South Sudan's National Statistics Bureau says it will not be able to hold a census before general elections in June, even though the country's transitional constitution calls for a population head-count before the polls.
National Statistics Bureau Chairman Isaiah Chol Aruai said the year-old crisis in South Sudan has prevented the bureau from collecting census data. South Sudan's constitution says those data are needed to determine, among other things, "...the number of electoral constituencies for the next general elections."
Aruai said the bureau’s failure to hold a census ahead of the elections should not stop the polls from taking place.
"Under normal situation, the census was supposed to precede the election, but that was when there was no political crisis in the country," he said.
"As we speak, the context has changed. It looks like the elections will have to stand alone. They should not be contingent on the conduct of a census," he said.
President Salva Kiir’s administration announced last month that it has approved a budget of $517 million for elections in which South Sudanese will elect a president, lawmakers and state governors. A week later, the National Elections Commission said the polls will be held on June 30.
Opposition politicians, civil society groups and refugees in Uganda have spoken out against holding elections while the country is still in crisis. Some have noted that the transitional constitution requires that a census be held before elections are organized.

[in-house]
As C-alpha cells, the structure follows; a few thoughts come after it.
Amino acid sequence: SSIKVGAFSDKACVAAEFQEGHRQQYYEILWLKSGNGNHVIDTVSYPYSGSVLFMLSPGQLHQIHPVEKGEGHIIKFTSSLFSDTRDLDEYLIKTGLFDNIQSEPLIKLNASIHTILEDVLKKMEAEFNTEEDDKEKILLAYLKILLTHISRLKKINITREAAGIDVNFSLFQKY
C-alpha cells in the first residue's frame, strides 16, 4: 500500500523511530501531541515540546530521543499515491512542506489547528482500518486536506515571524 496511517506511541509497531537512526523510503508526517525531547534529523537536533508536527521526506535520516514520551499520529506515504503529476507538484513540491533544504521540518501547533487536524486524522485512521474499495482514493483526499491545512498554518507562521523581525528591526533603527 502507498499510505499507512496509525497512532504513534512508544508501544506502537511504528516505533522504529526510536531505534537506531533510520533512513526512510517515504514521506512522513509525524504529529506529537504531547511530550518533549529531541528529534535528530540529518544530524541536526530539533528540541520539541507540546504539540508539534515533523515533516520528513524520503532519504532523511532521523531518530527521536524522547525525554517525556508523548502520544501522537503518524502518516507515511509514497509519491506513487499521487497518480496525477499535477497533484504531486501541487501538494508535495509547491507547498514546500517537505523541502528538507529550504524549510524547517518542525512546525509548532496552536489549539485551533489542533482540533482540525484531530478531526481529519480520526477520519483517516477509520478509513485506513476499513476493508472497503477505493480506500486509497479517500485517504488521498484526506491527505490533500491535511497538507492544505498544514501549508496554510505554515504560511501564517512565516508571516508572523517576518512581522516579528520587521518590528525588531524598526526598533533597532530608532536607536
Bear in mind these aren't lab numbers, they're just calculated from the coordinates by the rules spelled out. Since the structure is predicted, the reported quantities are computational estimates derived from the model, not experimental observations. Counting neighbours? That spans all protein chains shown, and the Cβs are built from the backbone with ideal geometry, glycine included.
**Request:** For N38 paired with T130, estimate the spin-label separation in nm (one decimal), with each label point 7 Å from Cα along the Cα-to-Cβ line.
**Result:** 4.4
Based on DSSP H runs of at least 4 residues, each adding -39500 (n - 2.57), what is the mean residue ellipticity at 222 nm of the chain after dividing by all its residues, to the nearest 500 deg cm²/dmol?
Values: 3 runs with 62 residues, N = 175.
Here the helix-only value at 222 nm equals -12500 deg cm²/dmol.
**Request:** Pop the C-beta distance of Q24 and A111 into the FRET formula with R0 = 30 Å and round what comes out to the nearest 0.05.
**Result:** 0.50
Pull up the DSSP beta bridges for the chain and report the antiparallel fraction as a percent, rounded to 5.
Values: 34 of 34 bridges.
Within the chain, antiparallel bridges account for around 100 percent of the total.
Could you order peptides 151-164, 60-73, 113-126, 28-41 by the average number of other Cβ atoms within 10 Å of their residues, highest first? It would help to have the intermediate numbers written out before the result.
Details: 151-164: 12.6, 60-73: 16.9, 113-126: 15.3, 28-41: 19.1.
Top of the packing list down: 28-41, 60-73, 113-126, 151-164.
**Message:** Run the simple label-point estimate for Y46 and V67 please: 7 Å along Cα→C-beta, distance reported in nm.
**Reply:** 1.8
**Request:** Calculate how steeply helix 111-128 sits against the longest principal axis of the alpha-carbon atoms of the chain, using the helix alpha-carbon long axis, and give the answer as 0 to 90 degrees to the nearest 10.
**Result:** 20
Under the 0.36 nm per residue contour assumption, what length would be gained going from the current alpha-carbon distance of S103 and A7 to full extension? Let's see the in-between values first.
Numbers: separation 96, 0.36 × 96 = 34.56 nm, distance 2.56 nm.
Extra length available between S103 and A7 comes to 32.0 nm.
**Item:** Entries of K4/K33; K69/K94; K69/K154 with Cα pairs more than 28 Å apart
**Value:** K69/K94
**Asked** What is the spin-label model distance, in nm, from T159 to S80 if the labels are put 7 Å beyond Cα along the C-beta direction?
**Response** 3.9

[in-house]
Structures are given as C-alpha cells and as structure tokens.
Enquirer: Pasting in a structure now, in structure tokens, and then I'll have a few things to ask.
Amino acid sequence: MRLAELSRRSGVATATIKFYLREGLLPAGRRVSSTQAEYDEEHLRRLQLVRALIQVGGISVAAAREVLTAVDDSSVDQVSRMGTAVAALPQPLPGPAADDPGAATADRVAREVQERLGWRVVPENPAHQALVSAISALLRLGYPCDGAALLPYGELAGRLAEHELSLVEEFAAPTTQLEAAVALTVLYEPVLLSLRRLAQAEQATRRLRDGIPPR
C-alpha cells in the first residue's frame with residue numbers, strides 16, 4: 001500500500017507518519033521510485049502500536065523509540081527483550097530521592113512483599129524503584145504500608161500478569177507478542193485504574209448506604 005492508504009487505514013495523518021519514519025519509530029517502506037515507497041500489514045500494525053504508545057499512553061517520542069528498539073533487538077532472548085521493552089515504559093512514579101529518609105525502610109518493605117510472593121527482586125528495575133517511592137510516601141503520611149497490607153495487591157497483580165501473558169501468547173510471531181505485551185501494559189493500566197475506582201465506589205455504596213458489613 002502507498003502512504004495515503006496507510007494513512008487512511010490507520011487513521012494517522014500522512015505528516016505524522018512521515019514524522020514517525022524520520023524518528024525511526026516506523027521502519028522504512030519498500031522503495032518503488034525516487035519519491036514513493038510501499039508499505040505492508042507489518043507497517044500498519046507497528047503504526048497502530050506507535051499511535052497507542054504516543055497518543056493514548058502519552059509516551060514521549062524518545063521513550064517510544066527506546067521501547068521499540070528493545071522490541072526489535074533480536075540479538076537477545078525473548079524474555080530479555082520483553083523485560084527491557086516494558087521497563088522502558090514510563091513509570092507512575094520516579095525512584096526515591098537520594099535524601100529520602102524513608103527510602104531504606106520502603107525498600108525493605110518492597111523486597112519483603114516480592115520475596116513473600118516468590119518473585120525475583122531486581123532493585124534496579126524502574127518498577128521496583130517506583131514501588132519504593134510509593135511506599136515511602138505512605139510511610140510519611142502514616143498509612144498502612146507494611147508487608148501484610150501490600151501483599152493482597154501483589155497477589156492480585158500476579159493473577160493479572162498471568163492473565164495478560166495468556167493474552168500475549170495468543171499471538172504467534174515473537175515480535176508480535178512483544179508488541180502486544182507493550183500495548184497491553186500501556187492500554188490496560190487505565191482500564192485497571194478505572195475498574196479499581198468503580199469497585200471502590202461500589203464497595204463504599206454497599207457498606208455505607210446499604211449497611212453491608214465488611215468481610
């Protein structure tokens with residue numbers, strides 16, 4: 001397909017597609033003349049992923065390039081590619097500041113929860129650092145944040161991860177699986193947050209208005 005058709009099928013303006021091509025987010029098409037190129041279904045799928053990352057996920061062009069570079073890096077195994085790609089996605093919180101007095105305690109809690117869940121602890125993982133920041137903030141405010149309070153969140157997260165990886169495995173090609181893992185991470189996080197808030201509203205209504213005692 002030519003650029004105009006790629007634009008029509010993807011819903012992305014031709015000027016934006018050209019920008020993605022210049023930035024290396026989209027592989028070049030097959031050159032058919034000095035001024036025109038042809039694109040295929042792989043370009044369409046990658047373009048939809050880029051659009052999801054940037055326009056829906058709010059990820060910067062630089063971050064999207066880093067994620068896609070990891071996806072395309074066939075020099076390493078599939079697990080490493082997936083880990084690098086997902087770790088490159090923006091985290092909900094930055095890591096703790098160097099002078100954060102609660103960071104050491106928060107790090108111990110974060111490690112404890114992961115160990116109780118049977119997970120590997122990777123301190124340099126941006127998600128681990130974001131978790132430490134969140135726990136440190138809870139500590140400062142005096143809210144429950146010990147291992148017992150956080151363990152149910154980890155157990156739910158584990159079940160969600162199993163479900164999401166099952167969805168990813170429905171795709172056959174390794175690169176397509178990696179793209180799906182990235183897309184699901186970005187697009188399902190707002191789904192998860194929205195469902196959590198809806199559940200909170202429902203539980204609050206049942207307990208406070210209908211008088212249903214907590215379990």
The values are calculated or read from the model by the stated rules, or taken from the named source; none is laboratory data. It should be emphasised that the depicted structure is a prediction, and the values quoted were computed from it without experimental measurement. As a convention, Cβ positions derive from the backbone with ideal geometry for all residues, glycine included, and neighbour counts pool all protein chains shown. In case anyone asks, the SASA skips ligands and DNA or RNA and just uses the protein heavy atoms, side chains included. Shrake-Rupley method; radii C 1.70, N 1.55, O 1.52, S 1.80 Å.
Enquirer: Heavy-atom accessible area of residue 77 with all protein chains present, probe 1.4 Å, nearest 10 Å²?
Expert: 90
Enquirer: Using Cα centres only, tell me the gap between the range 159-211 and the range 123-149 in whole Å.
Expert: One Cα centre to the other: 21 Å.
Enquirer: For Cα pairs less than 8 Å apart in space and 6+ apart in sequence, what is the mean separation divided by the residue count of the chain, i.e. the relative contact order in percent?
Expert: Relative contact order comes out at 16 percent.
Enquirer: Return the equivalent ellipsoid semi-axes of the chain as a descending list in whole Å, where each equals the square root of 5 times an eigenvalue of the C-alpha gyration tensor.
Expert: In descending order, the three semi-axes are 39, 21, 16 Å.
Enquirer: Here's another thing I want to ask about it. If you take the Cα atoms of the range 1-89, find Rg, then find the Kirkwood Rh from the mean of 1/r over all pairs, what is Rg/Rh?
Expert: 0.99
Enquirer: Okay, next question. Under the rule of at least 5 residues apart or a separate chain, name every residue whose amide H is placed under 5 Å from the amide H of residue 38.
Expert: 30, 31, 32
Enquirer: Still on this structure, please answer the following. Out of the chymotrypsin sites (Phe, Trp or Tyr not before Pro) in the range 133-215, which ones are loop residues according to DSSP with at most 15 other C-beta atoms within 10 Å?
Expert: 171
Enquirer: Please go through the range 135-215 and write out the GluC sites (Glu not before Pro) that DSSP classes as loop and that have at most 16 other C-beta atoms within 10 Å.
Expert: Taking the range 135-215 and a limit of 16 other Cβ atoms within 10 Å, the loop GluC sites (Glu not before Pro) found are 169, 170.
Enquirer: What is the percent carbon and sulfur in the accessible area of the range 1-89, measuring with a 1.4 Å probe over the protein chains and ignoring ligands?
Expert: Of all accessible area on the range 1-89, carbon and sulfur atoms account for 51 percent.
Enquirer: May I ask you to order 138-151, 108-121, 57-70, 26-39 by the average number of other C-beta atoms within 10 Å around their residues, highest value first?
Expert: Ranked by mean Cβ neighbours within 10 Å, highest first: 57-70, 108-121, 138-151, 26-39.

Use 2008 census data
But Beny Gideon Mabor, a civil society activist, said that, as controversial as the elections may be, they can be held on June 30th, with or without new census data. Mabor works with the South Sudan Law Society and has been a representative of South Sudan civil society groups at peace talks in Addis Ababa.
To hold a vote, he said population data from a census conducted in 2008 -- before South Sudan was an independent nation -- could be used.
The 2008 census was conducted by the Sudanese government before the historic 2011 referendum that created South Sudan. The results estimated the population of southern Sudan at around eight million. The authorities in the southern region rejected the census results. They said they disagreed with the population estimate and claimed many anomalies in the manner in which the process was conducted.
South Sudan’s constitution does not stipulate that elections have to be held this year but the document does say that President Kiir’s tenure will end on July 9 of this year.